Scotland 1-1 Israel: Zahavi crushed Clarke's hopes of winning return

Scotland 1-1 Israel: Eran Zahavi equaliser crushes Steve Clarke’s hopes of winning return to international action after 10 month break

  • Scotland and Israel played their first international fixtures in 10 months on Friday
  • Scotland took the lead at Hampden Park with Ryan Christie scoring a penalty 
  • Eran Zahavi then equalised for Israel with a powerful drive in the 73rd minute 
  • Lyndon Dykes was the brightest spark for Scotland, impressing up-front 

Scotland learned something new on Friday night. There’s more to Lyndon Dykes than bruising encounters on an artificial pitch.

A surreal return to international football at Hampden brokered a promising debut for the Australian born striker. As a no holds barred campaigner at Livingston there was nothing sophisticated about the way Dykes did his job. He roughed up defenders and nicked the odd goal. He played to order.

There was evidence of more tools in the locker. Playing in a persistent problem position for Steve Clarke – alternatives were few – the 24-year-old showed why Queens Park Rangers boss Mark Warburton stumped up £2million to sign him.

Scotland drew 1-1 with Israel on Friday as international football returned at Hampden Park 

Scotland took the lead just after the break with Ryan Christie scoring from the penalty spot 

However, Eran Zahavi’s equaliser squashed Scotland’s hopes of a triumphant return

There was no debut goal. No victory to mark Scotland’s return to action after a ten month absence.

Yet, both before and after Ryan Christie’s first half penalty was cancelled out by an Israel equaliser from Eran Zahavi there were signs of an intelligent footballer. 

In a persistent problem position for Scotland Dykes held up the play and brought others into the game before being replaced in the aftermath of Israel’s leveller after 72 minutes.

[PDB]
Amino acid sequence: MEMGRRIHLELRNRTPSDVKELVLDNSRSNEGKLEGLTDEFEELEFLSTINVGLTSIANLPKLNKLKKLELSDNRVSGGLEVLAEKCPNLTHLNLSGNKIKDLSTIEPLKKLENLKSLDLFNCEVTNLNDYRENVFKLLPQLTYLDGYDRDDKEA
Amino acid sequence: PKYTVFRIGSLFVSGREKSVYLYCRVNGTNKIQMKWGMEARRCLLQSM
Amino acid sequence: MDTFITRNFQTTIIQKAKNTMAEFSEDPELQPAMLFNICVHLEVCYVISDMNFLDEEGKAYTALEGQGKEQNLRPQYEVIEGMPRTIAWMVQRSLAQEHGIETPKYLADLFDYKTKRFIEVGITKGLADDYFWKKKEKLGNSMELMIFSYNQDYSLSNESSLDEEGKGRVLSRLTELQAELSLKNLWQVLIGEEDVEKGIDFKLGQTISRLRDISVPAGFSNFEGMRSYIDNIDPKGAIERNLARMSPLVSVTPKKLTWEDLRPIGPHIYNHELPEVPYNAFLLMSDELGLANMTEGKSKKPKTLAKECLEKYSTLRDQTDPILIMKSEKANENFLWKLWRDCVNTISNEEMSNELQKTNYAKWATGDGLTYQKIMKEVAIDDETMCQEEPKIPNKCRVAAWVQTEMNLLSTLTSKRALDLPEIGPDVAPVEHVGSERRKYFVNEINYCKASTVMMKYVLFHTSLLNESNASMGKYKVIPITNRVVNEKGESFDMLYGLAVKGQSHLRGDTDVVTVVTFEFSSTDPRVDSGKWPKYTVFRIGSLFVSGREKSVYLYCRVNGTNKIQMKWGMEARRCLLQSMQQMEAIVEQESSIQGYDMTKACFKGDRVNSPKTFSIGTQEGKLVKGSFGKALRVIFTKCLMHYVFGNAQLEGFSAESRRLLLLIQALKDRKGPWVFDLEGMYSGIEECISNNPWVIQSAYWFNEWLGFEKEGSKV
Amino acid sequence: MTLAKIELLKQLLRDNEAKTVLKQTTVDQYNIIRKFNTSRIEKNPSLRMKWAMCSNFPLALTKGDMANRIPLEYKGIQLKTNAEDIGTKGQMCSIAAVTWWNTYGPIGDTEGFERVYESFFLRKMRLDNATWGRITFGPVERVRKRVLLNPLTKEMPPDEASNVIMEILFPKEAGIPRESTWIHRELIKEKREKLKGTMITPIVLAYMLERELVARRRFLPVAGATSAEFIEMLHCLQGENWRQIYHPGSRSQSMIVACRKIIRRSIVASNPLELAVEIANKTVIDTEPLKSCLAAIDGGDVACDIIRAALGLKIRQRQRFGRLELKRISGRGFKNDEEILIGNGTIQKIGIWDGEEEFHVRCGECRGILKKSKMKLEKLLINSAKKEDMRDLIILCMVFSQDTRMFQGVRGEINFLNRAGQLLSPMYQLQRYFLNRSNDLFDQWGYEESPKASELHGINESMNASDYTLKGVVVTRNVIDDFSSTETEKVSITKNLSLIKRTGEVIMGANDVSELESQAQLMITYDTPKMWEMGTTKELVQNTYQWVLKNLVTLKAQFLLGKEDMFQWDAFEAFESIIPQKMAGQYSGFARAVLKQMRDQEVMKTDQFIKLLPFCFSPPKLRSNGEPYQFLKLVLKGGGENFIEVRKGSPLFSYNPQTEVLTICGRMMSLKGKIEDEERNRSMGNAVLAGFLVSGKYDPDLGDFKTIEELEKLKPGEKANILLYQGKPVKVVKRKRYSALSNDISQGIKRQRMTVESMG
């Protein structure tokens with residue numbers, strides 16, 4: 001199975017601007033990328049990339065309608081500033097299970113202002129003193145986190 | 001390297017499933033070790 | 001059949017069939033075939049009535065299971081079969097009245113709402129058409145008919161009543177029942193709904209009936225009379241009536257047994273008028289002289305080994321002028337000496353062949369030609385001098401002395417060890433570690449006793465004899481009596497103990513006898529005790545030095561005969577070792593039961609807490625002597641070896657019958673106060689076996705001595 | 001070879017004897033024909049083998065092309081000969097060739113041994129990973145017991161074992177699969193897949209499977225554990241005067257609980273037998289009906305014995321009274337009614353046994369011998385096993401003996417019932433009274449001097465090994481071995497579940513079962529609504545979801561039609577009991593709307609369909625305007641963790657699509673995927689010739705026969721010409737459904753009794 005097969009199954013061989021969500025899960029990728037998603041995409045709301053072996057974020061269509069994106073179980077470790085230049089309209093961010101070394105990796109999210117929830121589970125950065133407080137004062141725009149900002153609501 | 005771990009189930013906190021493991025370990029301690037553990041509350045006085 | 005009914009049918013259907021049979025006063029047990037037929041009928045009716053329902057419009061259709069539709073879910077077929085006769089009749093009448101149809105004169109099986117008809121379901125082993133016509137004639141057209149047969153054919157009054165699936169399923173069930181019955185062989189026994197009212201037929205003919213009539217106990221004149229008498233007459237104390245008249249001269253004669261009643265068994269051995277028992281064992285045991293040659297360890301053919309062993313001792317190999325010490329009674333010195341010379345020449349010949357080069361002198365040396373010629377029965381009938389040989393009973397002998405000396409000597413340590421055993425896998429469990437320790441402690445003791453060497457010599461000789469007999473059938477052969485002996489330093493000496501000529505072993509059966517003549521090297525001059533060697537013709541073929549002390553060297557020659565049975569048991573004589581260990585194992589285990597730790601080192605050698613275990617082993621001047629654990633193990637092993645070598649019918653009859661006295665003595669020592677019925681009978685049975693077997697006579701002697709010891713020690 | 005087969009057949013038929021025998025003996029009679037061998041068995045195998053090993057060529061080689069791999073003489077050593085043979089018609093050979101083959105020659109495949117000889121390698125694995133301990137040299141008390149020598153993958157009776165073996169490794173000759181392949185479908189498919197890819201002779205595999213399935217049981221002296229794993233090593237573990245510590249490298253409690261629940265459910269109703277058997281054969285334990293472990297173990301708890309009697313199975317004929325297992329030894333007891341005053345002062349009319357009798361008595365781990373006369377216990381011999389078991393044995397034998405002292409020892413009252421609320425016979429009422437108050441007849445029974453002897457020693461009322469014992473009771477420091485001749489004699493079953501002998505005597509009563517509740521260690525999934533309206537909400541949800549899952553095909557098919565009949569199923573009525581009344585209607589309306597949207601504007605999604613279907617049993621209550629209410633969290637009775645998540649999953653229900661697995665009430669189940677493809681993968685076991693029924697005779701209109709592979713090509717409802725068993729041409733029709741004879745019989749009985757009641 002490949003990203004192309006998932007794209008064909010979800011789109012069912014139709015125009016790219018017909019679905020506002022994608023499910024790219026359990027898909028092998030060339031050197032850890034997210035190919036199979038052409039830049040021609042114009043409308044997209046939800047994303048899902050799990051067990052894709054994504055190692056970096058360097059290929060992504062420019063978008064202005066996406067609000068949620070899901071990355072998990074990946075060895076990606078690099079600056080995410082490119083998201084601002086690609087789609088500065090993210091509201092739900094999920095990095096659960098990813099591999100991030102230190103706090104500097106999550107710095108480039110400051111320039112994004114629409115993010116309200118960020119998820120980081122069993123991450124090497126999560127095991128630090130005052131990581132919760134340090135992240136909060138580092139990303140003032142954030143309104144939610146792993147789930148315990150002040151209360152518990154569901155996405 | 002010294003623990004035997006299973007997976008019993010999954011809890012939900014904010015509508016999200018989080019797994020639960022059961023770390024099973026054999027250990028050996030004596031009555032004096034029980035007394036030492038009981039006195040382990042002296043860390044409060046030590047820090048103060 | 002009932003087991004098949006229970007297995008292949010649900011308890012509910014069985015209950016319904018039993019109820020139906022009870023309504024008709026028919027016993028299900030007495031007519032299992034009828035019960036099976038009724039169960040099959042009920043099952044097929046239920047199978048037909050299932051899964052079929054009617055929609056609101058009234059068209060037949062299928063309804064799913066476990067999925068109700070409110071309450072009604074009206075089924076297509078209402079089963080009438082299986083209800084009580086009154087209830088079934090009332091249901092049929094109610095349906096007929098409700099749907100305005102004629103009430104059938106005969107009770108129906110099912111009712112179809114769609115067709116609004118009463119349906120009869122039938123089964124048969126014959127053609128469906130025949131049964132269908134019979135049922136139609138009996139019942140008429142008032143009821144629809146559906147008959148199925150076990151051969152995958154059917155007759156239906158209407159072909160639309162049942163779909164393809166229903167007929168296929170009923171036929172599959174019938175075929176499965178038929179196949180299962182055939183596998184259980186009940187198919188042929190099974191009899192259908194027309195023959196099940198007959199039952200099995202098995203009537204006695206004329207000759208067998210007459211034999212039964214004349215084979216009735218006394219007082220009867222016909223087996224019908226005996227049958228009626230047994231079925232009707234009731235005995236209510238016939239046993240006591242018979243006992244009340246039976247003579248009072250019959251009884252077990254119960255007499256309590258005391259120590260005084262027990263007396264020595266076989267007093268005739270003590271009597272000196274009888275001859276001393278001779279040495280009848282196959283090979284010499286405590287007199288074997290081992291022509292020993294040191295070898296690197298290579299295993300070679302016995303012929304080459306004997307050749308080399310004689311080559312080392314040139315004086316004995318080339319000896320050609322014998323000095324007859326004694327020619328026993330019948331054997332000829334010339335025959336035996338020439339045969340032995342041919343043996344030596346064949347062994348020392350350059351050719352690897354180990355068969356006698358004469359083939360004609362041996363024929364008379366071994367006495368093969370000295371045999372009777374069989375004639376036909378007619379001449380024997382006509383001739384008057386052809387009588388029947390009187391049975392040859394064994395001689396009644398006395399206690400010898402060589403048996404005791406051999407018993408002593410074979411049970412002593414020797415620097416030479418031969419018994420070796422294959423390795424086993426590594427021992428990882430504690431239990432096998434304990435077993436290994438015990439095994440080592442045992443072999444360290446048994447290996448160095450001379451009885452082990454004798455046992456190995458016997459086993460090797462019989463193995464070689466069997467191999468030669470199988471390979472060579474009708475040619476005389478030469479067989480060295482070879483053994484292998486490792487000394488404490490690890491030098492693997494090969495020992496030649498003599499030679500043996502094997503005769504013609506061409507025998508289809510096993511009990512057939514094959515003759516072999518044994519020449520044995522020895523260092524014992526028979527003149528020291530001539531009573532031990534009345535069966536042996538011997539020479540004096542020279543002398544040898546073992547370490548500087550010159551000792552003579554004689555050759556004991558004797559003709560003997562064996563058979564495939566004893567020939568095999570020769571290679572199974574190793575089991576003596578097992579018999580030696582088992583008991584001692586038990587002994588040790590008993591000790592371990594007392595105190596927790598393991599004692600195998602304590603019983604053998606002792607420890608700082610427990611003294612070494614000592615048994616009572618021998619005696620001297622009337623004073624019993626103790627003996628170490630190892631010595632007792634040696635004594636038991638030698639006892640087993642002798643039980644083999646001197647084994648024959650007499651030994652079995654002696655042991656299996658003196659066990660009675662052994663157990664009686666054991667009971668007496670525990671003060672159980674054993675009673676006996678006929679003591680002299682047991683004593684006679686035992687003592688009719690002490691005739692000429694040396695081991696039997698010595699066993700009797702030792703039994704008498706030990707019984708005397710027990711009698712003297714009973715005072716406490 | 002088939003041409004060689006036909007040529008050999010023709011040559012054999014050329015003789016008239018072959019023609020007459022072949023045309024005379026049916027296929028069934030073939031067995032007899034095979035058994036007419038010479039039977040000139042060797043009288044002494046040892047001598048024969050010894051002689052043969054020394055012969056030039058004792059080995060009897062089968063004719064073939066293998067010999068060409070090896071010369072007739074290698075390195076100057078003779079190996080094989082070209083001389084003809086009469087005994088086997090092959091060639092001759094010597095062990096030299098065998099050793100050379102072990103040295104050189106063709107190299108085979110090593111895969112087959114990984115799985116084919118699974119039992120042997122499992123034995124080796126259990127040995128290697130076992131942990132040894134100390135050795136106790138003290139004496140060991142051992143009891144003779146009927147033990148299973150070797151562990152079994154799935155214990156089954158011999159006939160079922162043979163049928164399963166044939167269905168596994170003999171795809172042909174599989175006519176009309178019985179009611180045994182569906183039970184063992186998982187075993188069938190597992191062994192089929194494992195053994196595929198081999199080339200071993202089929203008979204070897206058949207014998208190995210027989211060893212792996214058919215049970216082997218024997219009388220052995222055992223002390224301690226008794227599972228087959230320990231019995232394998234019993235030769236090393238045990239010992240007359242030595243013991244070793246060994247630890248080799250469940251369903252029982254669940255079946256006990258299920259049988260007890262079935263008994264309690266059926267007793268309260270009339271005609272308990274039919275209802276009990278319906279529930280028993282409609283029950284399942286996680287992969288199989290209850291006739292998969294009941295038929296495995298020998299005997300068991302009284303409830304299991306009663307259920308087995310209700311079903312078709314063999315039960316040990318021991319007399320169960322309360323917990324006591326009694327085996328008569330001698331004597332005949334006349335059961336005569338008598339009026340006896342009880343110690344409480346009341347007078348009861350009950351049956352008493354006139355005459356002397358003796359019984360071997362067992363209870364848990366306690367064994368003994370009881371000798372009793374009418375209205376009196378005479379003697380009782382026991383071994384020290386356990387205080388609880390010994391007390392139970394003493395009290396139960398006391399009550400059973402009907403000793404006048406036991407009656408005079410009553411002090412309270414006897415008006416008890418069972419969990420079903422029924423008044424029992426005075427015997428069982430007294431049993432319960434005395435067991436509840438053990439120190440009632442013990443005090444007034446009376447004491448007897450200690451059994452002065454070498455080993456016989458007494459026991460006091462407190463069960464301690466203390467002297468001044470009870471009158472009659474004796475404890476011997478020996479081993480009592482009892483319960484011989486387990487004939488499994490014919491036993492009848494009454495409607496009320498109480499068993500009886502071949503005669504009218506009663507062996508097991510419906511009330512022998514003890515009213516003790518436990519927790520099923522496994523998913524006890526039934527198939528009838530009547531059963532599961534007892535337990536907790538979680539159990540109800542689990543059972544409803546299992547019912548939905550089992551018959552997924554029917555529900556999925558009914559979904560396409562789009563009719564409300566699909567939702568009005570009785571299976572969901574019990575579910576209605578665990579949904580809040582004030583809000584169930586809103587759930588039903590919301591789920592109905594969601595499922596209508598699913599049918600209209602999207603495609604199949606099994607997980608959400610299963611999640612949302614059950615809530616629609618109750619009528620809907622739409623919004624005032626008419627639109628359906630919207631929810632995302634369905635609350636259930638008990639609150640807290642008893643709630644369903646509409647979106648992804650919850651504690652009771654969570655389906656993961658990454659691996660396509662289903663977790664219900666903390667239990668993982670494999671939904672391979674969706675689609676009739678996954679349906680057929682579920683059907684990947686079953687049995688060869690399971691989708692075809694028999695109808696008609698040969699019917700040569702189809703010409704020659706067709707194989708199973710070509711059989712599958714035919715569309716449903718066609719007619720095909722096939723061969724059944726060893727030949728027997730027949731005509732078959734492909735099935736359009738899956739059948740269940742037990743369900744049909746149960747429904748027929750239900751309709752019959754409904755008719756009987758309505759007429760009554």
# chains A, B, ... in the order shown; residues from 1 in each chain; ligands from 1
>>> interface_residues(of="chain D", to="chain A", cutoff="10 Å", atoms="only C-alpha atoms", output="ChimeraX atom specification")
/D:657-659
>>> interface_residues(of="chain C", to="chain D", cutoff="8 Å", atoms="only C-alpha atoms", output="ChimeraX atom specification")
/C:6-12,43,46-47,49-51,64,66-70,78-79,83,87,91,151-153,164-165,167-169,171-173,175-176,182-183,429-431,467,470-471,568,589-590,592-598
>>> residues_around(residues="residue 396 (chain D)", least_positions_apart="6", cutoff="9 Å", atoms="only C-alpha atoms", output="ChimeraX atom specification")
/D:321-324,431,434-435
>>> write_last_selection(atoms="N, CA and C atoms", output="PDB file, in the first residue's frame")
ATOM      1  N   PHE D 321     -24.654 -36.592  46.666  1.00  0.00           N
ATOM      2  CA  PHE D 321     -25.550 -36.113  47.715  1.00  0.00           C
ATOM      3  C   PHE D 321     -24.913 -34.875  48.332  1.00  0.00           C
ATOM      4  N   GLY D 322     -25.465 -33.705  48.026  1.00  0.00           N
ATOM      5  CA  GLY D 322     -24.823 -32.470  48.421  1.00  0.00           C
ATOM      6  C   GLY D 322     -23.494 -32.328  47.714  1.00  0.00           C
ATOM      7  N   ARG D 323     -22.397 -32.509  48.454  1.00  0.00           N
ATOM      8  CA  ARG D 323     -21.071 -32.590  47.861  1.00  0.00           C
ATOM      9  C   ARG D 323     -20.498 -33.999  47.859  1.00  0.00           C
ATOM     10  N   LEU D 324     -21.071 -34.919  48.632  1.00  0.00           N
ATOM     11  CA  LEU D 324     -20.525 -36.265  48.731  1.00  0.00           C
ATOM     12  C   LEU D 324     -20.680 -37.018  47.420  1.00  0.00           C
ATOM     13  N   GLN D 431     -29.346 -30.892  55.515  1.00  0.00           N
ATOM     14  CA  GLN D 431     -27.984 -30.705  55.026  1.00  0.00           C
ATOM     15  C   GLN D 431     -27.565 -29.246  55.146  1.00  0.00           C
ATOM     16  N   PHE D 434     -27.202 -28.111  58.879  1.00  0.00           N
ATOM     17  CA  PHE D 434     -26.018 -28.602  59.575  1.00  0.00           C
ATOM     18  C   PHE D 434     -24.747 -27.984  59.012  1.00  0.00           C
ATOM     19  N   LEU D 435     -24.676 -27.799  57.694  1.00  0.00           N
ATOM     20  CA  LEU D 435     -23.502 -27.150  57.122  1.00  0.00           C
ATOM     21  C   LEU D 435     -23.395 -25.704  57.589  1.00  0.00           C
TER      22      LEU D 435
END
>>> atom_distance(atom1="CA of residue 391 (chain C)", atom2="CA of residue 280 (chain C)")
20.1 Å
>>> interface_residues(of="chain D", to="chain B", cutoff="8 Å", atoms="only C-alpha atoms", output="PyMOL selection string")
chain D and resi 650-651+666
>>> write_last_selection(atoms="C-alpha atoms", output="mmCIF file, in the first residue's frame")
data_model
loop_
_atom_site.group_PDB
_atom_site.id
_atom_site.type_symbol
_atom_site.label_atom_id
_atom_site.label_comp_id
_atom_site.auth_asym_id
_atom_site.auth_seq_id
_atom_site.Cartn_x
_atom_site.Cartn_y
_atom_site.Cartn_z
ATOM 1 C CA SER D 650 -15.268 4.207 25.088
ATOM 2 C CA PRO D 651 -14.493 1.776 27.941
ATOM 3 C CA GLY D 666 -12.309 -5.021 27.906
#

In truth, Dykes might have been one of the few bright spots on a strange old nights on Glasgow’s south side. Covid-19 restrictions forced the game to be played behind closed doors, Israel the more fluent and confident team in possession. 

Lydon Dykes led the line for Scotland, with the 24-year-old putting in a strong showing

There was nothing here to suggest the Czech Republic on Monday will be anything other than a long, hard night.

For 43 minutes the game was as flat as an atmosphere deflated by the absence of the Tartan Army. The drama finally began before half-time.

At one end came a huge intervention from David Marshall and a let off for Scotland.

Marshall hasn’t played much football since leaving Wigan for Derby County, but needed razor sharp reflexes to react when Scott McTominay misjudged the flight of a probing Eli Dasa cross towards from the right flank.

John McGinn won the penalty for Scotland from Eitan Tibi moments after play restarted

The menacing figure of Munas Dabbur threw himself at a header to sting the palm of Marshall’s hands, midfielder Dor Peretz hitting Dabbur rather than the back of the net with a second opportunity.

Within a minute Scotland were ahead thanks to a slightly dubious penalty. The home side had a genuine grievance when Slovenian referee Slavko Vincicdenied John McGinn a spot kick when he was bundled over by defender Eytan Tibi after 28 minutes.

The same two players were involved again when McGinn went for a loose ball in the area and got there a split second before Israel’s number 21.

If you’re Israeli it’s a soft decision. If you’re Scottish it’s a blessed relief.